Bud Light BOYCOTT Hurt Beermaker’s Sales!

It really hit them.

Anheuser-Busch InBev, the Belgium-based beverage giant that owns more than a third of the American beer industry, posted a 9.1 percent revenue decline in Q1 of 2024. The culprit? The Bud Light boycott.

The world’s largest brewing company, which makes everything from Budweiser to Stella Artois to Corona, reported a sales decline of fourteen percent due primarily to the drop in demand for Bud Light.

The Bud Light boycott began last year when the brewing giant launched an advertising campaign headlining Dylan Mulvaney, a high-profile transgender influencer.

The campaign provoked irritation and outrage among Bud Light’s core customer base: blue-collar and working class white men, who did not appreciate their favorite beverage being associated with emasculation. Momentum quickly built among longtime brand loyalists to find another go-to social drink.

This boycott cost Bud Light its enviable position as the top-selling beer in the United States, dropping it to the number two slot behind Mexican draught Modelo (Which is also owned by Anheuser-Busch InBev).

Despite their difficulties in the U.S., the brewer’s global market position remains strong. They have posted a 2.6 worldwide revenue increase, due primarily to a 15.5 percent global sales spike in their Mexican brand Corona.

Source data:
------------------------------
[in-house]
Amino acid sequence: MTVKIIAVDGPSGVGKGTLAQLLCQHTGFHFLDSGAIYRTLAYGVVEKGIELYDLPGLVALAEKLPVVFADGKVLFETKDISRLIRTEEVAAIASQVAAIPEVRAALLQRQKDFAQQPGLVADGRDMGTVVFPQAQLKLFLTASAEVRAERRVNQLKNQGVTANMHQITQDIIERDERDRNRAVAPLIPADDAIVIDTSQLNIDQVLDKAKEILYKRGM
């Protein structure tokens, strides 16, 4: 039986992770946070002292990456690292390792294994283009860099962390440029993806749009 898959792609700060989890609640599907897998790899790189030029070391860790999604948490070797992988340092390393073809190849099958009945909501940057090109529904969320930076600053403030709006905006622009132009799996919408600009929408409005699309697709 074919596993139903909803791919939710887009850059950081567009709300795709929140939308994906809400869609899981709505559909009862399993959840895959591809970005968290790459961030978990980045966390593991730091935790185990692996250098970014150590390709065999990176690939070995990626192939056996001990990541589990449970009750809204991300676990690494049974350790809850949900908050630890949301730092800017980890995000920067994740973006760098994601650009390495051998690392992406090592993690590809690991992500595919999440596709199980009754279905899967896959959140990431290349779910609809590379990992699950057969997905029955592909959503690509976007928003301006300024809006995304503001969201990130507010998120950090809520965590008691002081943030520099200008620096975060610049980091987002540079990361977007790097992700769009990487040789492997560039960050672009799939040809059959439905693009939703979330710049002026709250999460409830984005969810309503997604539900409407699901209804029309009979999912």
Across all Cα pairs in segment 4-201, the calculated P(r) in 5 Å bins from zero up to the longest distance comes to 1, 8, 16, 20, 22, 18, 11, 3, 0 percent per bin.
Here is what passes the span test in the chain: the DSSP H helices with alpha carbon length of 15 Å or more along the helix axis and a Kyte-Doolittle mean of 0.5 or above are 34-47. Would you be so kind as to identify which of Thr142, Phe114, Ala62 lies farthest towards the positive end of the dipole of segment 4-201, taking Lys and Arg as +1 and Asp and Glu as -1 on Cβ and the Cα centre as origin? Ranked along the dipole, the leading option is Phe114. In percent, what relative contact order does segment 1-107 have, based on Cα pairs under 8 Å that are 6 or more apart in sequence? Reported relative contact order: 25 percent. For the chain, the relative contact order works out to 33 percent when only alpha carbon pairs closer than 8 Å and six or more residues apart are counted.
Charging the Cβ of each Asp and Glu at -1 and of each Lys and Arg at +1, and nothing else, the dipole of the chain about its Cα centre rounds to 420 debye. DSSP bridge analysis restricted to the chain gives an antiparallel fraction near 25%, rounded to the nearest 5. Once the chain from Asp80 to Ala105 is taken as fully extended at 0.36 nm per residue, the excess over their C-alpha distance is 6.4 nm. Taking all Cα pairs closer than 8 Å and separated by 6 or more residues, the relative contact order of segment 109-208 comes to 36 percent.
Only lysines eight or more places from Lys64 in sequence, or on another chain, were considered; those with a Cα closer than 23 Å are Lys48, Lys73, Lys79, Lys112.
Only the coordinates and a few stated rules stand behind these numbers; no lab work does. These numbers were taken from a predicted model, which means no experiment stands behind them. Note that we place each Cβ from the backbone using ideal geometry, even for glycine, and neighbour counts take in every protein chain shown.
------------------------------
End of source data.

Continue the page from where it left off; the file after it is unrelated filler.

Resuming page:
Sales volumes in general were good in Europe and Mexico, which the company partly attributes to Easter (and its attendant merry-making) falling in the first quarter of the year this year. In the report, the beermaking behemoth also promoted its wide product portfolio, which includes everything from artisinal ales and niche stouts to flavored and sweetened non-beer alcoholic beverages, and attributed to this diversity its robustness in the face of the pressure from the Bud Light boycott.

Overall, the company posted a profit of $1.51 billion for the quarter. During the same period last year, it netted $1.31 billion in profits.

The Budweiser parent company said that before taxes, interest, amortization, and depreciation, it expects that the 2024 fiscal year will show an overall growth of between 4 and 8 percent.